The Clippers are the NBA’s most disliked team.
It really isn’t close.
Chris Paul, Blake Griffin and Doc Rivers have created a culture of whining, flopping, playing dirty – and winning. All factor into the Clippers’ reputation in varying measures, and bits of trash-talking and showboating – though hardly as distinguishing as the other traits – also contribute.
There are good and bad reasons to loathe the team, and people use them all.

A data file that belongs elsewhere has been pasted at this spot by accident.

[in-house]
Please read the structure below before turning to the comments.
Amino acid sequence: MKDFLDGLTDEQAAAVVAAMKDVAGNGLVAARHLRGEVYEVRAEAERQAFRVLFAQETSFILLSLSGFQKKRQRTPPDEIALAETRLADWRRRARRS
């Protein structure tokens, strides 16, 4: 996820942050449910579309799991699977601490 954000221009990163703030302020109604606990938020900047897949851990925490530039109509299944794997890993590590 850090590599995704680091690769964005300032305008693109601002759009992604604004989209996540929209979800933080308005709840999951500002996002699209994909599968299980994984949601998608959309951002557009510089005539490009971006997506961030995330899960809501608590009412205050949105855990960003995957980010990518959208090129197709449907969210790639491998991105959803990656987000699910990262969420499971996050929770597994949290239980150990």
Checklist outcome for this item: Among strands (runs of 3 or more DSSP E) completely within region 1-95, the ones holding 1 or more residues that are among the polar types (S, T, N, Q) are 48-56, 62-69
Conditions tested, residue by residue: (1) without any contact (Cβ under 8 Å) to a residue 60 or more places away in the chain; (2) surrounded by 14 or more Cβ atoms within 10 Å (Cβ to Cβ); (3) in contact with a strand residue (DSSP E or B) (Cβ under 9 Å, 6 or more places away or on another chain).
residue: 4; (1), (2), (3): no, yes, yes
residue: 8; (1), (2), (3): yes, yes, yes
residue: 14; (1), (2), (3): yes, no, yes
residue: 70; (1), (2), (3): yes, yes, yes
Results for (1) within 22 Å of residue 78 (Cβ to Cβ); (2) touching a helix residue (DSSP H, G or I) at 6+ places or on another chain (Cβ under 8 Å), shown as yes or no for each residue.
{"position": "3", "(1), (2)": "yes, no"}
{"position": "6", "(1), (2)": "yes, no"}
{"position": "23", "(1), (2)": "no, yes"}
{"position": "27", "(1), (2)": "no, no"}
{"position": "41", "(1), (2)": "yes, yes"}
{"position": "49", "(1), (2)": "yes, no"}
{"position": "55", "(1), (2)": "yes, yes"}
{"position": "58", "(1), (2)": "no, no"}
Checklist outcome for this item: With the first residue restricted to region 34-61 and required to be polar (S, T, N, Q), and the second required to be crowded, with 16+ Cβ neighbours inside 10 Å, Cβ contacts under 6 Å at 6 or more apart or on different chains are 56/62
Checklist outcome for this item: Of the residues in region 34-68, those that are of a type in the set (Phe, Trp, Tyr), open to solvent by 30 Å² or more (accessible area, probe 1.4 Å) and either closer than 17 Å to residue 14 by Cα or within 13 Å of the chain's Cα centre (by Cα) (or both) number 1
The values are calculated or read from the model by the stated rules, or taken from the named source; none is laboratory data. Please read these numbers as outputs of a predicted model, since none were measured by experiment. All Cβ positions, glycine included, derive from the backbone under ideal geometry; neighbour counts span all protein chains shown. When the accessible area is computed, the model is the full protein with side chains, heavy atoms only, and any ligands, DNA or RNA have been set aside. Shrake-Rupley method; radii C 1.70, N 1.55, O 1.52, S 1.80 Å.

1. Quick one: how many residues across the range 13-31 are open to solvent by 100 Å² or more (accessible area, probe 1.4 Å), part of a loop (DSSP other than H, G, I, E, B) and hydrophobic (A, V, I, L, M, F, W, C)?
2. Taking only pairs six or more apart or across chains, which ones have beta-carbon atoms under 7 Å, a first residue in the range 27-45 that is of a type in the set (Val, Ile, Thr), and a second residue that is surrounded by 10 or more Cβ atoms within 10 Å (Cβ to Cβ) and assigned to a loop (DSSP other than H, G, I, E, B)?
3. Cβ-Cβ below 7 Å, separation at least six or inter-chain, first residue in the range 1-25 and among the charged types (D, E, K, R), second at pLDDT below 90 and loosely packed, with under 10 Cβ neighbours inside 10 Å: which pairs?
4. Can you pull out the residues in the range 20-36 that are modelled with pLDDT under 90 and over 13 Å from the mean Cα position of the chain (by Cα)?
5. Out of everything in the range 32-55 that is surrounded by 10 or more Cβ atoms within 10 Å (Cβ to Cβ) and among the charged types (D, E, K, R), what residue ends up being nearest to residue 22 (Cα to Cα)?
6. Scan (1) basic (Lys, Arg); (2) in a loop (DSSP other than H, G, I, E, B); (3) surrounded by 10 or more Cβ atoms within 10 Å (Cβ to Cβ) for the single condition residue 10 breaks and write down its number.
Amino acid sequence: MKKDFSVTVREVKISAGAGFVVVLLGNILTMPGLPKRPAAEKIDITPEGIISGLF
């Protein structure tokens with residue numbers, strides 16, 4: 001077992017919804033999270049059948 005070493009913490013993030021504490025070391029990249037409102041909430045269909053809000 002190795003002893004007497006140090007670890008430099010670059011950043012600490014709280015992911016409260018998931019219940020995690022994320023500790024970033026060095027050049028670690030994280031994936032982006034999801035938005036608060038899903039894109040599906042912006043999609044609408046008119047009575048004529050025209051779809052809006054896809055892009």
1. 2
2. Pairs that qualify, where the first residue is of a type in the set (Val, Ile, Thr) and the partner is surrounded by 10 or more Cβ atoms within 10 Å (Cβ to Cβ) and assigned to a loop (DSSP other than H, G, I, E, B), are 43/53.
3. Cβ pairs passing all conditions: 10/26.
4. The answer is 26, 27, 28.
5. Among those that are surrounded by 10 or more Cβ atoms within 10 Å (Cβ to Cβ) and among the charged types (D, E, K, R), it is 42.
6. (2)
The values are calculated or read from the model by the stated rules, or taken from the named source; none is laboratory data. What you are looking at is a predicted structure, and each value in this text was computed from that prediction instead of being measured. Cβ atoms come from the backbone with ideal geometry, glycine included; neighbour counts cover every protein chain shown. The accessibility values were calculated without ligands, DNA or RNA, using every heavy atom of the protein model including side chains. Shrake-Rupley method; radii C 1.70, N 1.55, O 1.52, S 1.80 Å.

The Clippers don’t plan on changing.
“I don’t play for anybody to like me,” Paul told B/R. “I’m telling you, I got enough friends, you know what I mean?”
This is one quote in a very interesting and nuanced article on the Clippers’ style. I highly recommend reading it in its entirety.
Paul is competitive, and his approach would be well and good if not for one complication:
He’s president of the players association.
Paul should care more about what his peers think of him. They elected him to represent them, and he’ll be less effective if they can’t stand him. With less than a year until either side can opt out of the Collective Bargaining Agreement, the National Basketball Players Association needs to unify – ideally behind Paul.